Looking the internet up I found some interesting thoughts
If you draw a ray diagram you may see a problem if you bring it very close to your subject, and your film sensitivity curve isn’t narrow.
For one thing the material in which the hole is made would need to be very thin, or you’ll get some odd vignetting.
But also remember that pinhole does a very poor job of focusing different wavelengths to the same plane. As the subject gets closer to the pinhole, that issue should get more noticeable: rays containing all the colours will need to approach the pinhole from more extreme angles.
Hence my suggestion to use a film with a narrow sensitivity curve… it’d be best if it were sensitive to a single wavelength
A very nice ultrawide pinhole camera from James Guerin at aupremierplan.
Here is his description the loading of this camera:
Curved film plane?
The film plane is curved to ensure even exposure across the negative, not possible with a flat film plane with such an extreme wide angle view (141° angle view of equates to a focal length of 6.4mm in 35mm terms). T
A side-effect of the curved film plane is that it results in a curved horizon in your photos unless the photo is taken with the camera level. This is why a precise bubble level features on the top plate of the camera.
CNC machined body
Curved film plane with a radius of 70mm (focal length).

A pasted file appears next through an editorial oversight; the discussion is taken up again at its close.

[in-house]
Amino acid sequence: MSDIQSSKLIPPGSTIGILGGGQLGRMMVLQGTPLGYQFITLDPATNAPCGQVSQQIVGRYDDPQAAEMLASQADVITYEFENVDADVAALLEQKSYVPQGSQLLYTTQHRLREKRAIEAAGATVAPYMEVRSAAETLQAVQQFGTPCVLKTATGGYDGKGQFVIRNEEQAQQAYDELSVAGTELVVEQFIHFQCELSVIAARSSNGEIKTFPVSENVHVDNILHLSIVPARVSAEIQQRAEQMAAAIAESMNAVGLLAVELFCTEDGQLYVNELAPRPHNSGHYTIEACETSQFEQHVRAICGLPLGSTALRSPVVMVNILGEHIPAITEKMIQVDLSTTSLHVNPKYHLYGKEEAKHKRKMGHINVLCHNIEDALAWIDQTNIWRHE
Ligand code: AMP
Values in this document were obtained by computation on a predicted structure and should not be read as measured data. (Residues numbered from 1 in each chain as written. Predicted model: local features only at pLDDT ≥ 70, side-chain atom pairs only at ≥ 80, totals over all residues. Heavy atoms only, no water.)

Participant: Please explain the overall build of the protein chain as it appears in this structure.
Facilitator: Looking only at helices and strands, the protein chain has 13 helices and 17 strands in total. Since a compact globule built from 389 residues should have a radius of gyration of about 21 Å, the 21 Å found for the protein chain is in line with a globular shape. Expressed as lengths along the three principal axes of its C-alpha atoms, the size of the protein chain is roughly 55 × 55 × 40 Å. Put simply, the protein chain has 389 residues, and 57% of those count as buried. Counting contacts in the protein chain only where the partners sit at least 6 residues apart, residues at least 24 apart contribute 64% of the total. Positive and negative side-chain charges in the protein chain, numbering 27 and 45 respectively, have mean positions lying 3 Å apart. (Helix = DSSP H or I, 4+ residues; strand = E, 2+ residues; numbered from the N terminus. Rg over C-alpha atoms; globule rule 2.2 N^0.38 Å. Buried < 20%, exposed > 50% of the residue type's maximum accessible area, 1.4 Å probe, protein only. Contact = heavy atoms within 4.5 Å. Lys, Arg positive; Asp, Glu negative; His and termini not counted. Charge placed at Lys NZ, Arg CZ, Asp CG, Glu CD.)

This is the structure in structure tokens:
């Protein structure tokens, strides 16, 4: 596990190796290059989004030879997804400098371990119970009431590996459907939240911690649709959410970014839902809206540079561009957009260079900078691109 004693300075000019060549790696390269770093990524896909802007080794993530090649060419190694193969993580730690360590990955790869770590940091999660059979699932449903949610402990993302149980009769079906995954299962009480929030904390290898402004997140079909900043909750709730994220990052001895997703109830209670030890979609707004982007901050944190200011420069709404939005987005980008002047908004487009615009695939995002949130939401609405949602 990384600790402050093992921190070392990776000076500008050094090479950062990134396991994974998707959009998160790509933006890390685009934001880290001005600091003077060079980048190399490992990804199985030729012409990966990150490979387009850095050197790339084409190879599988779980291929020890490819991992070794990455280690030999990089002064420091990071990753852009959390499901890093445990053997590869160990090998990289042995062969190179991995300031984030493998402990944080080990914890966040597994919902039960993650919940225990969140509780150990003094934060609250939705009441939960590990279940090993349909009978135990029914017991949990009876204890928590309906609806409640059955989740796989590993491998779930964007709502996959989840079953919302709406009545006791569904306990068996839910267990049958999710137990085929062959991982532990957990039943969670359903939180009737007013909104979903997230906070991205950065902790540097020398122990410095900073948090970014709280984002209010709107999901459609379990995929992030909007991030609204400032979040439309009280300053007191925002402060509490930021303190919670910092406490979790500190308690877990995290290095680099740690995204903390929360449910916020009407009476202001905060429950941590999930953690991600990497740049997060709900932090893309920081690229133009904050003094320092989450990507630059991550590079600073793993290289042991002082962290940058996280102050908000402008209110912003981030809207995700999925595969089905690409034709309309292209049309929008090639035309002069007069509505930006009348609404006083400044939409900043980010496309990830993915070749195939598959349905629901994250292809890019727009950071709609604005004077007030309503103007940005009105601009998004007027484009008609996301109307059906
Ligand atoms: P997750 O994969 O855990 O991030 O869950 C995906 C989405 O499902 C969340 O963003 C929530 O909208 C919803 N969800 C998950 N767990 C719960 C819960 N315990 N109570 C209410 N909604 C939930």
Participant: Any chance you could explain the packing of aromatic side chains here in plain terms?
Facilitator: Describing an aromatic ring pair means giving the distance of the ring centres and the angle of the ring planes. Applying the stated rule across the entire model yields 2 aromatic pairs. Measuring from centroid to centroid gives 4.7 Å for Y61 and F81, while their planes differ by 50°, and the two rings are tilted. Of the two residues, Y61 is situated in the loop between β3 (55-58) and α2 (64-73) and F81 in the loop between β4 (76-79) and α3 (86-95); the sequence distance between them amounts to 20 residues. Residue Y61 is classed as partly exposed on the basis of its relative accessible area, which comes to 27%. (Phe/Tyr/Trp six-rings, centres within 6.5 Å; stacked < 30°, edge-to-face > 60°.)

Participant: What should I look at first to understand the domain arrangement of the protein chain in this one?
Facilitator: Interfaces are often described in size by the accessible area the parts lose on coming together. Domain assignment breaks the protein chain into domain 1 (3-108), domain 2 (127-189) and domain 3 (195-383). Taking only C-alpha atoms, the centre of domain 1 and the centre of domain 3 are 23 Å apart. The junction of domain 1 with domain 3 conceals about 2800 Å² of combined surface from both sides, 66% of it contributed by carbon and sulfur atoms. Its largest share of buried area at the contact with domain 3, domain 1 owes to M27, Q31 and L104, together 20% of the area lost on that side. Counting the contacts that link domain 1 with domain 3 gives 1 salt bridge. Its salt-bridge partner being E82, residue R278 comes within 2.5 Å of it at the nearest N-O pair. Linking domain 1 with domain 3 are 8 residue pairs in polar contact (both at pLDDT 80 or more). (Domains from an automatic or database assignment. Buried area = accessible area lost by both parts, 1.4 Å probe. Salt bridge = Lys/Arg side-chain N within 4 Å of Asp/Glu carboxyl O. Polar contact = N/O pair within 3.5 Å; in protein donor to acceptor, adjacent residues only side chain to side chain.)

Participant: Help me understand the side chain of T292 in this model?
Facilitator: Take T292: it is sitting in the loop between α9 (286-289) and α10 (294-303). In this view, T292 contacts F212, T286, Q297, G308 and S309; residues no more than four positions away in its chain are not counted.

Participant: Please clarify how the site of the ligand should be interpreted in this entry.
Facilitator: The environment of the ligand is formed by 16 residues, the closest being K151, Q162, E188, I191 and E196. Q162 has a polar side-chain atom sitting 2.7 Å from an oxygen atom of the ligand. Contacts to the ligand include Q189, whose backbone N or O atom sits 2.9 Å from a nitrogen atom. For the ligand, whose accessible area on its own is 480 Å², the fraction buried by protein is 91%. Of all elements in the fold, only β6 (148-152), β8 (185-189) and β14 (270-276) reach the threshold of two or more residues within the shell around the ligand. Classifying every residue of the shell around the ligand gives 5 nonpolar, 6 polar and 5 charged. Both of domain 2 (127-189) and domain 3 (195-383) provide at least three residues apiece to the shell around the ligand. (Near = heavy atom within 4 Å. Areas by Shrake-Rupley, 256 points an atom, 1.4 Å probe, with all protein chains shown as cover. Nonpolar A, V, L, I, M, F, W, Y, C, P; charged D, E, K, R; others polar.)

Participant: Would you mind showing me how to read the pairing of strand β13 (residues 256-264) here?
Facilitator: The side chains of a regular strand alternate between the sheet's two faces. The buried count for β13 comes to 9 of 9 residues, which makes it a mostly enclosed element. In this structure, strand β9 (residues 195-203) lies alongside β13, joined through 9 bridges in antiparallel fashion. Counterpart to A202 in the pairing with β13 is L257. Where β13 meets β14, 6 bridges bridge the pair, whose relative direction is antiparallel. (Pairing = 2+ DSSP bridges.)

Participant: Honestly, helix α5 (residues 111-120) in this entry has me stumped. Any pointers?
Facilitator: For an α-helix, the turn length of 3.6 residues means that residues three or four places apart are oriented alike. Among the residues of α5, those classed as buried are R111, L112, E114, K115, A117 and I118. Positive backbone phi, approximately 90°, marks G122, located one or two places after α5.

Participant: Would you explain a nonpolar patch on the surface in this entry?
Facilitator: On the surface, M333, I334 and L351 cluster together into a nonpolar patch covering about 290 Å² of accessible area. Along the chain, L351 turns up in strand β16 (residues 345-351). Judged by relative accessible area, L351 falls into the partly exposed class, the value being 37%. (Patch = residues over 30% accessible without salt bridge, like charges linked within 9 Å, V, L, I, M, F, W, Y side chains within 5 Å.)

Large 6x17cm (57x170mm) negative giving 4 shots per roll of film (120 roll film).
Angle of view: 141 degrees horizontal, 44 degrees vertical.
This is my quick cheat table if I take my pinhole with me.
DETERMINING EXPOSURE TIME FOR PINHOLE CAMERAS You have to work with small apertures (high f numbers) and long exposure times and the reciprocity law failure (Schwarzschild effect) must also be taken into consideration.
Taking photographs with a pinhole camera is always something of an experiment and requires a bit of playing around. Achieving perfect results is not always the most important aim.
Many pinhole photographers simply use estimated exposure times. Also, many commonly used films have high exposure latitude and therefore are less sensitive to incorrect exposure.
One option is to prepare a simple table for each pinhole camera whereby the time measured by a light meter can be quickly converted to the required time for the given pinhole camera and film stock.
You can use the PinholeDesigner program to help you with the following calculation. f number In order to calculate an exposure time, it is important to know the f number of the pinhole camera.